For married individuals, estate planning is typically pretty straightforward, as most assets are often allocated to a surviving spouse and/or children. However, statistics show that more people are opting for the single life with no children—either permanently or at least until later in life. This creates some important considerations when determining what to do with your savings and assets in the future.
Should You Wait to Create Your Estate Plan?
It can be tempting to wait to create your estate plan until you are married or older. However, it is important to consider the unexpected. Accidents, health conditions, and other unpredictable incidents can end your life suddenly or place you in a vulnerable medical situation. Because of this, every person over the age of 18 should create and execute appropriate estate documents, including a will, powers of attorney, and an advance medical directive such as a living will.
A large part of the importance stems from the risk of being incapable of making financial or medical decisions. However, you should also consider that, when there is no will or trust, the government takes predetermined paths that eat up valuable assets that could have gone to someone else.
Distribution of Assets
When you are single, there are many ways you can allocate assets. You may choose to distribute amounts to cousins, parents, aunts, uncles, siblings, nieces, nephews, or other members of your extended family; or you may opt for donating your assets to a charity. Alternatively, you can develop a fund to benefit others, donate the money to research, or allocate the assets to various organizations. The choice is truly yours—just be certain that you have spoken with a qualified estate planning attorney to ensure you have followed all applicable laws and regulations.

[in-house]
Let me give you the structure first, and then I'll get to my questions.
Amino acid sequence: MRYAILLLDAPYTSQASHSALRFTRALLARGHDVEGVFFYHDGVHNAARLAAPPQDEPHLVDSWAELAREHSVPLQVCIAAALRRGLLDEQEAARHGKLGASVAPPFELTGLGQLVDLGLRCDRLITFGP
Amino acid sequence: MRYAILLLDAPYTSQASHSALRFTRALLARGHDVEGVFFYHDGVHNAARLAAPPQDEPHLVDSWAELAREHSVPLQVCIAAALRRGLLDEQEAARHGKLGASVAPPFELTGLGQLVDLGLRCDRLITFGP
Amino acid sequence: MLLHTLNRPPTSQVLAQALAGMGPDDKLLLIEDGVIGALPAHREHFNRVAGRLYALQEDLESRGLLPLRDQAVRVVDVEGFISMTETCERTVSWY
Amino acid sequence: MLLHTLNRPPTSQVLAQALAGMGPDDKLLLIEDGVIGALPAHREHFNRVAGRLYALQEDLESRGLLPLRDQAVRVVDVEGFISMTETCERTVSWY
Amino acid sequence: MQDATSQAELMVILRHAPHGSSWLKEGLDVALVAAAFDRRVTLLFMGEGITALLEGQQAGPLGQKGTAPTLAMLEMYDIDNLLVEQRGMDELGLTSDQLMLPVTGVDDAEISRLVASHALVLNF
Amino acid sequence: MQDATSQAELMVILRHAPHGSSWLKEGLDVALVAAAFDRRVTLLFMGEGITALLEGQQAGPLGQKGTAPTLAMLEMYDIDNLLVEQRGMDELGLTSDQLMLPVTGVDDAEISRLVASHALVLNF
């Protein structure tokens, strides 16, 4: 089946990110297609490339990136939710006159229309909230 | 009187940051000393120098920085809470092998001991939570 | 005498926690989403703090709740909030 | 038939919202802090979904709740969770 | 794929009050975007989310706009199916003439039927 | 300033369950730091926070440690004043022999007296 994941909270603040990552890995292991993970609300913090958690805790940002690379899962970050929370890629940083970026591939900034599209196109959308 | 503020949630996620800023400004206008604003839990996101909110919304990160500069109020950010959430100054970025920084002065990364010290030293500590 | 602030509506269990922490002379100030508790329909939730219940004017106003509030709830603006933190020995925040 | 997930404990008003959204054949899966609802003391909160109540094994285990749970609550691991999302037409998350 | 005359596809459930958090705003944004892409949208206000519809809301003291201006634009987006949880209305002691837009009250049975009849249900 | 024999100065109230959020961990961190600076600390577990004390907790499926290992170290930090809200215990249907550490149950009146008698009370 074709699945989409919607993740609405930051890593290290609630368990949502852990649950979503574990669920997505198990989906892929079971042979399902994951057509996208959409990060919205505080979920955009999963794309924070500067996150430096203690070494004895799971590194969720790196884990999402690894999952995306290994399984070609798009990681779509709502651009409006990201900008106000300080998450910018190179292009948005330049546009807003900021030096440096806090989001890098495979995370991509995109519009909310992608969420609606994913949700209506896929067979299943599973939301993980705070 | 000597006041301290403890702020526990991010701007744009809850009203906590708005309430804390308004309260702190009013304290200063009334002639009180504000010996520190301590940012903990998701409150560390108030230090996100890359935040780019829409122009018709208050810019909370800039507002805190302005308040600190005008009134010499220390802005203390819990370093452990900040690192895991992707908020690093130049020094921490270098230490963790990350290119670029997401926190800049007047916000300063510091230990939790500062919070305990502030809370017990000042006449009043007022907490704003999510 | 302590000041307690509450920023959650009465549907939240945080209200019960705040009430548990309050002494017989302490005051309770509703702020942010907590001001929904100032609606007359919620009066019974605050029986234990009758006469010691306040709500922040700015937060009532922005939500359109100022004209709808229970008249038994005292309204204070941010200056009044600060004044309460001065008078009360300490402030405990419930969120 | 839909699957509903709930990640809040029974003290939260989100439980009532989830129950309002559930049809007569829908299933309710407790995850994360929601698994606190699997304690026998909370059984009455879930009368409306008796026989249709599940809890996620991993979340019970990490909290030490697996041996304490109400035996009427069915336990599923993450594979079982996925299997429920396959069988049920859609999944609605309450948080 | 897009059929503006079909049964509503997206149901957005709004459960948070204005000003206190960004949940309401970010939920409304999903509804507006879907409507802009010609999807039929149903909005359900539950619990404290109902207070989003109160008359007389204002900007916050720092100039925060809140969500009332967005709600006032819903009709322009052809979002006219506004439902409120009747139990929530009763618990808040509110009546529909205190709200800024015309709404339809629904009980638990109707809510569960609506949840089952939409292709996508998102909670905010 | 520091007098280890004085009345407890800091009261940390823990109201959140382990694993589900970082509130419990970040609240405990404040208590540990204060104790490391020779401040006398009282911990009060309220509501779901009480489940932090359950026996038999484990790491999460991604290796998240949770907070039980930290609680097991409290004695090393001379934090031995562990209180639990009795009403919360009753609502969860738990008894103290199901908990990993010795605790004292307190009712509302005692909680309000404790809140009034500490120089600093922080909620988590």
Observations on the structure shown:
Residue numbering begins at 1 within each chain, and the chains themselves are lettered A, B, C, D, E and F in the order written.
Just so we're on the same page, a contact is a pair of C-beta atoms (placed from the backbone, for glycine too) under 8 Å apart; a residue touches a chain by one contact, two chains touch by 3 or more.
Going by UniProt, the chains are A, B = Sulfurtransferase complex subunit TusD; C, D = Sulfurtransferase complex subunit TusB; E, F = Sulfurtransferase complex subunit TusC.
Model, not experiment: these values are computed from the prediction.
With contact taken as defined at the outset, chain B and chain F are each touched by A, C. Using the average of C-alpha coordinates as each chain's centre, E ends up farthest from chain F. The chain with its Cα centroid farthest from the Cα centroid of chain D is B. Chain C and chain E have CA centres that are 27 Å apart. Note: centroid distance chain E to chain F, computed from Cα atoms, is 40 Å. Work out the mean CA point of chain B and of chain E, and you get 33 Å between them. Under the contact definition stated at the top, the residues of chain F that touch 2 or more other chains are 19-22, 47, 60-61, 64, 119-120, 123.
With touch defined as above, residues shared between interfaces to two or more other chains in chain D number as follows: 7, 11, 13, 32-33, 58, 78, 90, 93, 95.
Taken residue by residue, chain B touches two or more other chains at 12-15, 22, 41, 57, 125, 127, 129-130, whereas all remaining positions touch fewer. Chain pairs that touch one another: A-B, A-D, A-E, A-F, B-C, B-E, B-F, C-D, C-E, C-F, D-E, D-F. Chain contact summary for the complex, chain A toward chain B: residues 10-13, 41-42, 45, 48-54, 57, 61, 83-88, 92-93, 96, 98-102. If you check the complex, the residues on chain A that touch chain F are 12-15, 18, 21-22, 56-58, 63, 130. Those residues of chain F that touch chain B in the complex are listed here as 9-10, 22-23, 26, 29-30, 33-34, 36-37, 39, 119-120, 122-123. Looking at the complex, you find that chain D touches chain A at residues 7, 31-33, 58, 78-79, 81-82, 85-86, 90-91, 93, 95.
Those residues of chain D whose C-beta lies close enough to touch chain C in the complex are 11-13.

Executors, Trustees, and Powers of Attorney
Choosing an executor, trustee, or power of attorney can be extremely difficult when you do not have a spouse or children. First, the assigned person or persons must be someone you trust. They must also be willing to understand and accept your end-of-life decisions. Additionally, you should carefully consider if you are comfortable with having someone who stands to gain something act as your medical or financial proxy. For some, this can be a very touchy subject, considering how money can sometimes cloud a person’s judgment.
Need Help with Your Estate Plan? Talk to a DuPage County Wills and Trusts Attorney
Regardless of your age, marital status, or income level, it is important to seek the assistance of a qualified professional when creating any aspect of an estate plan to ensure you are following Illinois guidelines and regulations. For more information, contact an experienced Lombard estate planning lawyer today. Call 630-426-0196 to schedule a confidential consultation.